aluminum's picture

I've played with baseline grid concepts with CSS but I've always found that they fail mathematically and you always end up tweaking it by eye anyways. Add to that browse and type discrepancies and I'd suggest staying sane and go back to eyeballing it.

matsaukeo's picture

Hi Riccard0 - Were you trying to post a link? I don't think it is showing up. I'd be very interested in your solution.

I think the situation is similar to here: http://typophile.com/node/83763

Mathmatically it is possible - but with print you know exactly how many lines each heading is going to take up so you can adjust them based on that knowledge. Presumably until the client asks for a longer headline! That must take ages to re-calculate things!

As for browser consistencies, I've found that if you stick to pixels it all works out very well. Using ems is also fine but IE8 and IE9 (not below) messes up with line-height and ems. I've started to set my font size in ems and line-height in pixels meaning that IE users can still resize their text but the line-height won't grow with it. Its a fairly decent compromise.

riccard0's picture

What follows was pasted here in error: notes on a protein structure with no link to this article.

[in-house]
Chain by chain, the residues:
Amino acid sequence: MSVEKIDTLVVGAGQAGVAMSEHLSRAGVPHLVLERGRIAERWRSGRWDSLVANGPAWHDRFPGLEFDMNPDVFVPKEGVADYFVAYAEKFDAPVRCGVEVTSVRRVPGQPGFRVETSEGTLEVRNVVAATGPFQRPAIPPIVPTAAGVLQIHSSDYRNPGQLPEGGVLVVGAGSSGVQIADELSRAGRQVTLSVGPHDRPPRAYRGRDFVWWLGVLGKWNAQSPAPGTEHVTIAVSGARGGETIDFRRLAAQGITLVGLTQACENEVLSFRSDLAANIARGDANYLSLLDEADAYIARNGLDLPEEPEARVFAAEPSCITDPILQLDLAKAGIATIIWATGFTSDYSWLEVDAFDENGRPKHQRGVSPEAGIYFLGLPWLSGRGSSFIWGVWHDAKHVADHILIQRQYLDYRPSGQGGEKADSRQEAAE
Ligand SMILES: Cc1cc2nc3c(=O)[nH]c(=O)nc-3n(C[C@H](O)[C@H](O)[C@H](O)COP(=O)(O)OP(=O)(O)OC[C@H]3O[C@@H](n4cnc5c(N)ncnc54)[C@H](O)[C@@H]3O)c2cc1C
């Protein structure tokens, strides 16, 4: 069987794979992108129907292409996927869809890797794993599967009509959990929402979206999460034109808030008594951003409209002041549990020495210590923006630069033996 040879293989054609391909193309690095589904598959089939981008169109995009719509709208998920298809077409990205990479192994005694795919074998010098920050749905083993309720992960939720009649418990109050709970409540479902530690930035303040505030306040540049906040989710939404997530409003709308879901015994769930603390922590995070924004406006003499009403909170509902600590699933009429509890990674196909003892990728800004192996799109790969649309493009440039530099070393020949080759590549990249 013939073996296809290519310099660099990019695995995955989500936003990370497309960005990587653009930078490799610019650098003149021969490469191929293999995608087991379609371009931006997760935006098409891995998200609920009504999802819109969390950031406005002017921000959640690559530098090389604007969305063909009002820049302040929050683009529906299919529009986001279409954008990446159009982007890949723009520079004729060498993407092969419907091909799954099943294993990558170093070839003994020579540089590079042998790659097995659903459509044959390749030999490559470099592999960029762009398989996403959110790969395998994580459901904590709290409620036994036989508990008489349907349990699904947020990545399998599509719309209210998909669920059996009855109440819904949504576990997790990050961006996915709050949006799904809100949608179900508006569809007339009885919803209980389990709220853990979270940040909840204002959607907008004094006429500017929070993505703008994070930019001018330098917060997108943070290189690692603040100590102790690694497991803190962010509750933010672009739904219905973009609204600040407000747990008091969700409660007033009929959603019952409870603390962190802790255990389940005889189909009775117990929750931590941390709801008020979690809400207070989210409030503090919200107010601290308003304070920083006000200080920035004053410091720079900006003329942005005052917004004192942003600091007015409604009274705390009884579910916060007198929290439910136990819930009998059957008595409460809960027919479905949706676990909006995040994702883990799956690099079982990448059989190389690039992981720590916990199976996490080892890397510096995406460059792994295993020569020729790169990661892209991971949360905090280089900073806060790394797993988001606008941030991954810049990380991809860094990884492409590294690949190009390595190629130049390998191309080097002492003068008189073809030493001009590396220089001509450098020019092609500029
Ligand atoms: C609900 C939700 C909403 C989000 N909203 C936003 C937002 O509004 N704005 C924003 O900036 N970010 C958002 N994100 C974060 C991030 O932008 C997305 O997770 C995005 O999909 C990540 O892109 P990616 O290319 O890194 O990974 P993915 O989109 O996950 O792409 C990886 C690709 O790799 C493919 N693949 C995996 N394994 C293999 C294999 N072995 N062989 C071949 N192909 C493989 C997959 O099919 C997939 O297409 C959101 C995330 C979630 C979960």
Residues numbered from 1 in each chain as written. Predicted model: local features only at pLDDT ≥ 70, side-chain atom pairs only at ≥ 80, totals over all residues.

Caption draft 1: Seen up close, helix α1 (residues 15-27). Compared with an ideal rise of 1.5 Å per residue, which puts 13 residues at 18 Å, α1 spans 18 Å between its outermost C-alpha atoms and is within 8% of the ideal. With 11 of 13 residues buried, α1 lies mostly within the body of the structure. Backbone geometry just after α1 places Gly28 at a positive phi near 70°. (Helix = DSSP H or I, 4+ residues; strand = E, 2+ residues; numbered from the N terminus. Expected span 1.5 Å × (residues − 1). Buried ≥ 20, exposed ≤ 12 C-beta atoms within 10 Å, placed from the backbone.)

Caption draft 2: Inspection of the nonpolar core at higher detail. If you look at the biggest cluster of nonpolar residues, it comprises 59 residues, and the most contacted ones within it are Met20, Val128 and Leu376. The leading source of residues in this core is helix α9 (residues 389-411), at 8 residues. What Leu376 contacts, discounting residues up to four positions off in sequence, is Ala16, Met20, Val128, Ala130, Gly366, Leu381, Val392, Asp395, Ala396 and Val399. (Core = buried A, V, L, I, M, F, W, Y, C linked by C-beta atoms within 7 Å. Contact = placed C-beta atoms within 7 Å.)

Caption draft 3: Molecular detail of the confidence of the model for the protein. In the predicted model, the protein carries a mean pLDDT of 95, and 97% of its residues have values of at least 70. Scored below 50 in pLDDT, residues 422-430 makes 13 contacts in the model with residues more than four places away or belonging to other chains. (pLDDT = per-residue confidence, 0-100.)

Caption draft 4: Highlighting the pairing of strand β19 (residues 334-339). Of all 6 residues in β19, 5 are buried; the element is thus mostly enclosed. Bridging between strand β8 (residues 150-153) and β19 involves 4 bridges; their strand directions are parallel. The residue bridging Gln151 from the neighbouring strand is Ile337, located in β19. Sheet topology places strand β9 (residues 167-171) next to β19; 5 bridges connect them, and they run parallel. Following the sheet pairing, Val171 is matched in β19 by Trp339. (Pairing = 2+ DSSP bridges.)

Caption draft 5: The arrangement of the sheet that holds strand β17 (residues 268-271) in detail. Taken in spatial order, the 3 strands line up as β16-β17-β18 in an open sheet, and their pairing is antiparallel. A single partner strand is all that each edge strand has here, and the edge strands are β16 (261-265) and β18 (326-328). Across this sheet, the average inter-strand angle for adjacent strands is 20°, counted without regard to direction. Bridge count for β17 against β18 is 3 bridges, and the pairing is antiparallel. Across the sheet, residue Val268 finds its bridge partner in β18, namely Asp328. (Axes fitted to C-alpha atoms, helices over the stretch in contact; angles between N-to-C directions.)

Mmmh. I was pretty sure there was a link. This:
http://typophile.com/node/74680#comment-432066

But, on second sight, my problem was maybe too different.

matsaukeo's picture

Perhaps - but similar in the way you have dealt with headlines that go over 2 lines. I think with your example its all about the size of the heading. - Thanks for posting the link. The layout was very inspiring!

matsaukeo's picture

Hmmmm - hope this doesn't annoy anyone by me dragging this one up again but I keep coming across this. Perhaps there is no fix for this on the web but I'd like to know what print designers do in the situation.

I understand that you set the line-height/leading so that it is in multiples of the baseline. But for my example that's too large.

What would print designers do in this situation? Ignore that the line-height looks a bit odd for the sake of the vertical rhythm or change it and try and shift things so that they return to the rhythm?